We’ve griped about the anatomy of a McRib before (their rib-shaped meat mixture is really not the kind of “ribs” that we grew up with), but Taco Bell’s ground “beef” is so suspect, it’s cause for a full-on lawsuit. In fact, the stuff that fills your fast food taco only contains 36% beef, according to the Alabama law firm that’s suing the company for false advertising.
The USDA classifies beef as: “chopped fresh and/or frozen beef with or without seasoning and without the addition of beef fat as such, shall not contain more than 30 percent fat, and shall not contain added water, phosphates, binders, or extenders.” So what have you been eating in your double “beef” burritos? According to Taco Bell’s “Taco Meat Filling” ingredients list, the other 64% is mostly chemicals; not a lot of recognizable ingredients:
Water, isolated oat product, salt, chili pepper, onion powder, tomato powder, oats (wheat), soy lecithin, sugar, spices, maltodextrin (a polysaccharide that is absorbed as glucose), soybean oil (anti-dusting agent), garlic powder, autolyzed yeast extract, citric acid, caramel color, cocoa powder, silicon dioxide (anti-caking agent), natural flavors, yeast, modified corn starch, natural smoke flavor, salt, sodium phosphate, less than 2% of beef broth, potassium phosphate, and potassium lactate.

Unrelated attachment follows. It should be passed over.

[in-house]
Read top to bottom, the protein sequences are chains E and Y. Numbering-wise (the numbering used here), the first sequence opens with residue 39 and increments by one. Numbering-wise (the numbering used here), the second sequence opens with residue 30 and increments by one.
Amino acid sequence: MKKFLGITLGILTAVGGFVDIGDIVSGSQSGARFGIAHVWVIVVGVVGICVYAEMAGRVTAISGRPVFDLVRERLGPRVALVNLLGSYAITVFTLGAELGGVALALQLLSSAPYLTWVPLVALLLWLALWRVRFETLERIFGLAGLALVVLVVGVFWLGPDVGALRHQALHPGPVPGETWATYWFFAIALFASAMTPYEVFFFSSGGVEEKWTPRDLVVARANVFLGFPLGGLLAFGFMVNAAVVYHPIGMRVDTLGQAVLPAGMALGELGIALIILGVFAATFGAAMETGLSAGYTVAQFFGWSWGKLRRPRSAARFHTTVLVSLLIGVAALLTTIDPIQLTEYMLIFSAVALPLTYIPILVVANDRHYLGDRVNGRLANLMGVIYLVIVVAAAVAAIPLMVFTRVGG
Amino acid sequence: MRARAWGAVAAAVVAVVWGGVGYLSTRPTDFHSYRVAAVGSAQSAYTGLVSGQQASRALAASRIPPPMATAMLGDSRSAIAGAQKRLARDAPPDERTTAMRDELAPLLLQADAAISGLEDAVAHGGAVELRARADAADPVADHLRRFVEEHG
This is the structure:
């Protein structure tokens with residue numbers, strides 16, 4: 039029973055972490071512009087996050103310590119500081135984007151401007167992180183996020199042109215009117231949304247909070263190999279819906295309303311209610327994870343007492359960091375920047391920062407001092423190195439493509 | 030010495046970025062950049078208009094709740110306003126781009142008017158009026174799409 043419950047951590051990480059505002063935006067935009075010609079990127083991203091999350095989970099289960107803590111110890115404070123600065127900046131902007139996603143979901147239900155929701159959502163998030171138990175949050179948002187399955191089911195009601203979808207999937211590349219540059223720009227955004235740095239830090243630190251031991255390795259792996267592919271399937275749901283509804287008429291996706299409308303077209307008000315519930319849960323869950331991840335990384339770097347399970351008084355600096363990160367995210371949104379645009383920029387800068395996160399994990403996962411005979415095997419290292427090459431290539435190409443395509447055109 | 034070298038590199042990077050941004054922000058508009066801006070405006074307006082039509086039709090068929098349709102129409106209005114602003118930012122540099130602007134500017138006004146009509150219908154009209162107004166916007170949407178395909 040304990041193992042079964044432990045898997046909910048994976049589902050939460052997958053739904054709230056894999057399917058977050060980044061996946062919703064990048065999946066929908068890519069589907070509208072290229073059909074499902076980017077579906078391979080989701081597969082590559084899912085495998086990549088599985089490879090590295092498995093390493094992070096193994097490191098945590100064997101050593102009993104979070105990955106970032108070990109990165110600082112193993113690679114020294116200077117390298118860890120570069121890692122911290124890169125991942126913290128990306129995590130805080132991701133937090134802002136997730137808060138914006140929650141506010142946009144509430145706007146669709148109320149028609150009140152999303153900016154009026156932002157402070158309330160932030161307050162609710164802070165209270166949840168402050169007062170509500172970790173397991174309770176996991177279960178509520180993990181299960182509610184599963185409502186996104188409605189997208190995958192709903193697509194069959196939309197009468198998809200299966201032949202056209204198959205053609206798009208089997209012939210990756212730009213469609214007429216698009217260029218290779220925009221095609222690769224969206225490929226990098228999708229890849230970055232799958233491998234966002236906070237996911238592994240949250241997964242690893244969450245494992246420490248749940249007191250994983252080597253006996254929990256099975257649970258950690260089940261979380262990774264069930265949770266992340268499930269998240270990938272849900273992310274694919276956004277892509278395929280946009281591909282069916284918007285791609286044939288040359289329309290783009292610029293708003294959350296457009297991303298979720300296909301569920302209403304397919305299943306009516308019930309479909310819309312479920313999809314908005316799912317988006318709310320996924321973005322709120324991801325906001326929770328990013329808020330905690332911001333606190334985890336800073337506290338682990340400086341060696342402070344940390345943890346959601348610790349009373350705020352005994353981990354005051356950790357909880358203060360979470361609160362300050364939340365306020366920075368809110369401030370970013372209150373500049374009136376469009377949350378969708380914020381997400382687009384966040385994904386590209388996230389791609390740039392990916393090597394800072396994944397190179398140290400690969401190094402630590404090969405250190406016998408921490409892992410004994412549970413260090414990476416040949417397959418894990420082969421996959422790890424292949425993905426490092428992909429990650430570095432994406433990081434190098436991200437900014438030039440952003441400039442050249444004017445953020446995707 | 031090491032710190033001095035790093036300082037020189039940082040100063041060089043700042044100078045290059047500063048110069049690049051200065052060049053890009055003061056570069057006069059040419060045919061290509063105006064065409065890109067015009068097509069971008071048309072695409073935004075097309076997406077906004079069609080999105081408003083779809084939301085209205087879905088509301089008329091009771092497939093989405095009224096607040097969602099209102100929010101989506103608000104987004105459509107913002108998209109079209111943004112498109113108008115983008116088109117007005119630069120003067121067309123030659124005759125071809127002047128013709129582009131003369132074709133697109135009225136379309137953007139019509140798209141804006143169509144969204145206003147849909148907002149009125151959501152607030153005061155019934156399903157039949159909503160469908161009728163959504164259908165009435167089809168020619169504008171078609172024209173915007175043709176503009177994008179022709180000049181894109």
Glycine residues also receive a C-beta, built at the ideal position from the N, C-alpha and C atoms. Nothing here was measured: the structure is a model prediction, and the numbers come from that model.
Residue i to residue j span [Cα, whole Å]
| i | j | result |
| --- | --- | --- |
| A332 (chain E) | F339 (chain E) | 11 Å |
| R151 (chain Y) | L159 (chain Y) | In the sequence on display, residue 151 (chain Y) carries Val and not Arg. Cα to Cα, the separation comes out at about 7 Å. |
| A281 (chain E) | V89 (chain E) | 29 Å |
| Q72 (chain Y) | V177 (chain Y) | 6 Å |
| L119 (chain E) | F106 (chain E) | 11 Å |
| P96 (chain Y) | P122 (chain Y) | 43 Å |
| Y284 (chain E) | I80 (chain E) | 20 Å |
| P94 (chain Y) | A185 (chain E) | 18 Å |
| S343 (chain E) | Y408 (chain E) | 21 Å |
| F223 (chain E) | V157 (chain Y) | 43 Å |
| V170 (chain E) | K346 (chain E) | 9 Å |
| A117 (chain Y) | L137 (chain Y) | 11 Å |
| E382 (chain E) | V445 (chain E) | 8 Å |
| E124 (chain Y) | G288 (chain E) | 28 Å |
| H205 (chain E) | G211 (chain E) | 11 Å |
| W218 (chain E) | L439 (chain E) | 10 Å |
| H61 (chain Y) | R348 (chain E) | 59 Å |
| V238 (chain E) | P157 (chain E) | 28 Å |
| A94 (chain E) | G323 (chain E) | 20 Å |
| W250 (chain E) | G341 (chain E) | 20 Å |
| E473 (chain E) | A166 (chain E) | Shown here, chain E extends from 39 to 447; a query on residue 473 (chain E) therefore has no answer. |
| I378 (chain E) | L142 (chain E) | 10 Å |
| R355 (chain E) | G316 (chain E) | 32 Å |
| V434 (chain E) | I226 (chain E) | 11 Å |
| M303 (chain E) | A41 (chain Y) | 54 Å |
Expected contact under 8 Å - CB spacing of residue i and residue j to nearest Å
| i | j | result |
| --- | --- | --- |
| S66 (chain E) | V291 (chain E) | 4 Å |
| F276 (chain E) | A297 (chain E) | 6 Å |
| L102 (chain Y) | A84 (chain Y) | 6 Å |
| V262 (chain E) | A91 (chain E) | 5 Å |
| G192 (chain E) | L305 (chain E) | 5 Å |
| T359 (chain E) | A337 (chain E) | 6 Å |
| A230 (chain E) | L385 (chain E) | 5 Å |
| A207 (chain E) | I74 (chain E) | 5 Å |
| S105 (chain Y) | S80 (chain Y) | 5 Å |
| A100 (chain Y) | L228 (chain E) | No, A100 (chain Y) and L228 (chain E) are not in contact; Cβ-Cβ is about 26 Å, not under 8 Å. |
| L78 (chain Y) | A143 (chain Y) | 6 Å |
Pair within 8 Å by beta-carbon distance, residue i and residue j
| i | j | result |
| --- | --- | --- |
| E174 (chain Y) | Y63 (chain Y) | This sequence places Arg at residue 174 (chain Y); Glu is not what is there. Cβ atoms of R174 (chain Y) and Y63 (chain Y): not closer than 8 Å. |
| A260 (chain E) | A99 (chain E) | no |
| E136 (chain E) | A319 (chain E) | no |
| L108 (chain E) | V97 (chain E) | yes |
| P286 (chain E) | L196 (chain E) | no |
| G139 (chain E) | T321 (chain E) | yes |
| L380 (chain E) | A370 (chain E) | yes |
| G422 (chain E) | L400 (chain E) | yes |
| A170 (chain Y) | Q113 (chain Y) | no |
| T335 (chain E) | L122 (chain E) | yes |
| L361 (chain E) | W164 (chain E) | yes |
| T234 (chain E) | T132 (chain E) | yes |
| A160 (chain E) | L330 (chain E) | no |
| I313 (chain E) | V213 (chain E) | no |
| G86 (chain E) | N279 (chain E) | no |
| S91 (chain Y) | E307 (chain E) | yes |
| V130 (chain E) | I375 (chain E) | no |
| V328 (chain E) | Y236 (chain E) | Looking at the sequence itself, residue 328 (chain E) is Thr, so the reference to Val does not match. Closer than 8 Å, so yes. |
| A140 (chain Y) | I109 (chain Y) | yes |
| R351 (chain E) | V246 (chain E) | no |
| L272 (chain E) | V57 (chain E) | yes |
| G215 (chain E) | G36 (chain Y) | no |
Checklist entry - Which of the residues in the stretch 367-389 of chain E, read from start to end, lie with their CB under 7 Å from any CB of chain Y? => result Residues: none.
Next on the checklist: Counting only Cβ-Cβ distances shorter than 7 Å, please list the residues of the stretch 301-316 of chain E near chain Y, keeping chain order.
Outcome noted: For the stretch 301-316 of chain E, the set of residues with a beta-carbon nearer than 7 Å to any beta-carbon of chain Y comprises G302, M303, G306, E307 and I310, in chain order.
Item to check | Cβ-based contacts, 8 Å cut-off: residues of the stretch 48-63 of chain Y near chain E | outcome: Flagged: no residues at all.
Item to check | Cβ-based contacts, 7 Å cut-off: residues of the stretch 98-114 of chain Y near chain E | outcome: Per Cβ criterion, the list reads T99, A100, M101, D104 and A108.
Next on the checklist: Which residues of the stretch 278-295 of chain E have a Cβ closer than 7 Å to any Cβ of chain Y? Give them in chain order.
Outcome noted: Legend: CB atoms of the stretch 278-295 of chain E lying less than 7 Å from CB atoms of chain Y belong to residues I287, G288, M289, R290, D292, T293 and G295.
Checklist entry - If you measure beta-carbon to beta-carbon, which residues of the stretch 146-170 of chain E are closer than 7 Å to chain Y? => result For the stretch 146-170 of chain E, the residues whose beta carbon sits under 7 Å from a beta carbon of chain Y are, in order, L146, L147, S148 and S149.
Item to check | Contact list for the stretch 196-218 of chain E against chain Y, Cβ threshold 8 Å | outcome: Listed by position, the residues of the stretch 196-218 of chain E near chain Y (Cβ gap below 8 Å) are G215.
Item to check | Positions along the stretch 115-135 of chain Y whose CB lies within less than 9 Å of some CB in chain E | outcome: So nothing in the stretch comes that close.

The highlighted ingredients above are just a couple of the reasons that an Alabama law firm is arguing that Taco Bell has no business advertising its “taco meat filling” as beef, since the USDA specifies that beef does not include phosphates and binders. Then, there’s the fact that it’s only 36% beef. Only 36% beef! The USDA also specifies that meat taco filling should be 40% beef; Taco Bell’s formula doesn’t even meet those standards, at least according to the Alabama law firm suing them.
Yo no quiero Taco Bell, gracias.